It is not believed that Lu ever intended for his writing to be a confession, nor even a memoir. The existence of a record of the true version of events was merely an unavoidable side-effect, although surely he knew that the record would be uncovered. Through Yiding’s own writing, a portrait of a man very different from the one known to the world emerges. The real Yiding Lu was- initially, at least- an extremely timid person, with no self-confidence to speak of. Severe generalised anxiety, according to his psychologist, was the source of most of his problems, both personally and professionally. The smallest of mistakes, whether a botched social interaction or error in his work as an editor for a local newspaper in his hometown, would lead him into a spiral of self-doubt and misery that could overcome him for days at a time. His life was a mess, and despite the work of multiple therapists over the years there was no improvement in sight. Until one day, a discovery was made. The psychologist treating Yiding at the time had him using writing exercises as therapy, tapping into a medium that was both his work and his passion. Lu would keep detailed journals at his psychologist’s behest, in which he would collect all the things that had caused him strife in a given day- these journals also served to fill in some missing sections of this story, long after the fact. His psychologist hoped that, by collating all of his daily disasters in a format that was both manageable and comprehensible, Yiding would be able to view them with the benefit of hindsight and understand that the mountains he had made in the moment were, in fact, mere molehills. Progress was slow, however, if it existed at all: Yiding had a rationalisation, an excuse for every catastrophisation and overreaction he made. In his mind, he could do nothing right, and the journals did little to disabuse him of this notion, and so a modification was made: in addition to writing down a summation of the day’s disasters, of conversations gone wrong, he would also write a version of events that he would prefer to have happened, an edited version of reality to reflect his job at the time as an editor. By treating his life like something as surmountable as the thing he did every day for a living, Lu’s therapist hoped that he would begin to see how solvable his problems truly were- he could even use the same red pencil he did at work for added verisimilitude. And this did have an effect, although it certainly was not the one Yiding’s therapist expected.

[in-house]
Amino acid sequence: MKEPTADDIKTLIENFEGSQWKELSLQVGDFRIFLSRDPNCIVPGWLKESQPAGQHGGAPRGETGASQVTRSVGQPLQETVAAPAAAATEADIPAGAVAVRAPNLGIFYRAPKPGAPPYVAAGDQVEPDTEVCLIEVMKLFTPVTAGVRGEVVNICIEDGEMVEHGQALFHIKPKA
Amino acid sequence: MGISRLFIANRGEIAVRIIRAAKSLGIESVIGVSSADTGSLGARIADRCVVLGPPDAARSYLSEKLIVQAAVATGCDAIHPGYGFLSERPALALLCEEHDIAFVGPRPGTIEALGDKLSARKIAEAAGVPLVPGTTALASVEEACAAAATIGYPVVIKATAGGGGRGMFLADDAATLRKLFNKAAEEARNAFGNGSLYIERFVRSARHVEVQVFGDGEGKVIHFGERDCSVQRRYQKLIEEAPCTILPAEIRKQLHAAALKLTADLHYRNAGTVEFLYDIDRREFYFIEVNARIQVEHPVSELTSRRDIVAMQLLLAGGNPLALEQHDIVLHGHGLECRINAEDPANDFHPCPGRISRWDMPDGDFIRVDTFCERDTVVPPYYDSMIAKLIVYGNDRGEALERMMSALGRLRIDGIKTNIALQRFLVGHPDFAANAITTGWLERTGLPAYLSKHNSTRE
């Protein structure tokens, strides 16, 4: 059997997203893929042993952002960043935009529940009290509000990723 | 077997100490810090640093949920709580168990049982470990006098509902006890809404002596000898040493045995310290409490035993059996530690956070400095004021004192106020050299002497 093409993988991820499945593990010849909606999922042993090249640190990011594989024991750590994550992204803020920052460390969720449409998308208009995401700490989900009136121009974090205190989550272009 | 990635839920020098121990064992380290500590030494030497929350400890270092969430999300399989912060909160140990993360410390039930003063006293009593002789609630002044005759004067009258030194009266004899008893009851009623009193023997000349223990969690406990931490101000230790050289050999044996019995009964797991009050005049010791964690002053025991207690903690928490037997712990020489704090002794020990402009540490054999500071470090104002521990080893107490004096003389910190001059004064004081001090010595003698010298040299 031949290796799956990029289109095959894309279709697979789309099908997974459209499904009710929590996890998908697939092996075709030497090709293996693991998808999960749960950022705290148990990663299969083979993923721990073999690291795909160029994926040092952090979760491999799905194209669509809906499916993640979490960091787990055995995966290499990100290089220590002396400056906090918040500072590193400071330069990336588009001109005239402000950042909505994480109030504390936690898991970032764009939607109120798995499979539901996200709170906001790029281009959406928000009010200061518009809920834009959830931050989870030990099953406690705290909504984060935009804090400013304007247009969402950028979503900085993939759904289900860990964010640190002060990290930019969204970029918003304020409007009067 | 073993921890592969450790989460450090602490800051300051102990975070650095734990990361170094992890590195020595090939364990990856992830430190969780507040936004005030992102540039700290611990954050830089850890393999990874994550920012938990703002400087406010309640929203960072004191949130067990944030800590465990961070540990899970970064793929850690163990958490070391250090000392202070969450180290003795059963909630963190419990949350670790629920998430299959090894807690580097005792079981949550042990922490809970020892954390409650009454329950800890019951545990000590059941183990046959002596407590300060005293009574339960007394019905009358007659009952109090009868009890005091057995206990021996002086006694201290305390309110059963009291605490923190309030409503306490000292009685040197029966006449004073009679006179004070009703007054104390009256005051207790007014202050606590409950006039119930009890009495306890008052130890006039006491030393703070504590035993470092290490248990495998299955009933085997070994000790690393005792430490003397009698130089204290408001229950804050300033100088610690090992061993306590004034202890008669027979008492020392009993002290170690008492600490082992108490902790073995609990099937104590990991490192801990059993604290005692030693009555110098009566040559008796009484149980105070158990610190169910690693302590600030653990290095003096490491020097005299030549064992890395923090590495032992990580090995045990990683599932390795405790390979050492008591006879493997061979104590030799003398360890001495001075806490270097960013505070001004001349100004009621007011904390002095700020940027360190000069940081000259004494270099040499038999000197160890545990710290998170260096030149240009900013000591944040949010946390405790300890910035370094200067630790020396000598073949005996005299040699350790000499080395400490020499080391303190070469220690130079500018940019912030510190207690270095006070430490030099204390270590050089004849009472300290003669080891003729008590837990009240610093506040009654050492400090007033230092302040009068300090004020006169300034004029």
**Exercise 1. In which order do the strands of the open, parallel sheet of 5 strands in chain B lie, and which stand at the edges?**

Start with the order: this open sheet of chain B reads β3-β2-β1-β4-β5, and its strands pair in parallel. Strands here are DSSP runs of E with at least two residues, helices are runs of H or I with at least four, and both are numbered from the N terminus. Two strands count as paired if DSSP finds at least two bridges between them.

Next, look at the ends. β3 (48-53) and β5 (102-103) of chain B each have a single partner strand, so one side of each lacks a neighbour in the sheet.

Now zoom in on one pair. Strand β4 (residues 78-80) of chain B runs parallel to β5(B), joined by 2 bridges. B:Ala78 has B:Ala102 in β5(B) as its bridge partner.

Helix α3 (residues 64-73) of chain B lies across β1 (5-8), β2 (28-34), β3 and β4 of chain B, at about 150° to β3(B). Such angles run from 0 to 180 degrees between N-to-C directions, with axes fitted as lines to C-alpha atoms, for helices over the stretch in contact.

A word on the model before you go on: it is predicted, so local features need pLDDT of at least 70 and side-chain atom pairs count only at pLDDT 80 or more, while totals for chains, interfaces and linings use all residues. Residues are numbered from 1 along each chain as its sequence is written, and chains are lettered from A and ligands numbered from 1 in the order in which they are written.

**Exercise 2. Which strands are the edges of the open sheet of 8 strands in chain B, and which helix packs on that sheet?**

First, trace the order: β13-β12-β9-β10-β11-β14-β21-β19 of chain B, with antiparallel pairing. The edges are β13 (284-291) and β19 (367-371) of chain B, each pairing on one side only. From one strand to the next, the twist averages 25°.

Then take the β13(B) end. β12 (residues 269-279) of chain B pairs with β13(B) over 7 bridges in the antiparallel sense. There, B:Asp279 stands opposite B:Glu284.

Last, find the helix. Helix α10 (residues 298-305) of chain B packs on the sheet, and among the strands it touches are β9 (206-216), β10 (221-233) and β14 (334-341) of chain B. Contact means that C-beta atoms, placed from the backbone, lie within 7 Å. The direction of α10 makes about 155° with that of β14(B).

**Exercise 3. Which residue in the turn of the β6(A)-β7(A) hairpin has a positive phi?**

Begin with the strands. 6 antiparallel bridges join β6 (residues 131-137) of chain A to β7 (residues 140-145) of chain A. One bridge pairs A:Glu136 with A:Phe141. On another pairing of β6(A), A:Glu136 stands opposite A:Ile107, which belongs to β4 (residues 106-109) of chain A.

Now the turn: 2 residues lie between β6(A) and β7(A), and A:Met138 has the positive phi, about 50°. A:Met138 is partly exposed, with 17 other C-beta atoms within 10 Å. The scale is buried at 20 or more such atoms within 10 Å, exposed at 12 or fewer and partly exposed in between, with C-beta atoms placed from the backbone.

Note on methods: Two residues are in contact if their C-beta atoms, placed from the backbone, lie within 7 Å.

According to Yiding’s diary, when he acted upon this advice by rewriting a conversation he had with his boss, a strange thing occurred. After writing down the version of events he would prefer to have happened- that instead of meekly agreeing with his manager’s harsh critiques, he had stood up for himself- he found himself confused. He had written down the true version of events, rather than an idealised version. He had stood up for himself… hadn’t he? In the diary, he berates himself for not even being able to follow the instructions of his therapist correctly.

 

But in subsequent entries, a realisation slowly dawns on Yiding Lu. The day after the altercation with his manager, which Lu had rewritten, he was called into his manager’s office. Expecting that the verbal lashing he had received the day prior would be repeated, Yiding entered the office already in the midst of a panic spiral. But instead of castigating him, his manager commended Yiding for standing up to him, saying that he’d raised some good points and that some of the suggestions he’d made- that had, in reality, only been made in a diary- would be implemented. Yiding’s terror was quickly replaced with confusion, and it was all he could do to simply nod along with what his manager said and shake hands at the end. 

 

The next period in Yiding Lu’s life has proved somewhat difficult for researchers to follow. Lu spent some time attempting to determine what, exactly, had happened to him. This involved a great deal of trial and error, as he rewrote and re-rewrote reality- and only realised he had done so some of the time. One can understand how this would be a challenge: Lu was not immune to the effects of whatever it was he was doing, and as a result when he altered the past- if indeed that is what he was doing- he would remember the new history as the true one, same as everyone else. Despite this difficulty, eventually a timeline of events has emerged. By cross-referencing Lu’s writings with the events of recorded history and finding the points at which the two match, it has been concluded that a sizable amount of recent history may have, in fact, been written by Lu. Through a process of trial and error, Yiding Lu determined that he could not, in fact, alter the events of the past- but he could do the next best thing. By writing down what he would like to have had happen, he was able to alter the memories of everyone involved, thus making his version of events the one they believed to be true. All of his alterations that researchers can identify were made with what appeared to be the same red editor’s pencil, although we are unable to determine if this was because the ability was tied to the pencil or if this was just out of force of habit. Certainly, when others have subsequently attempted to use what remains of the pencil Lu used, no powers like the one he possessed were granted.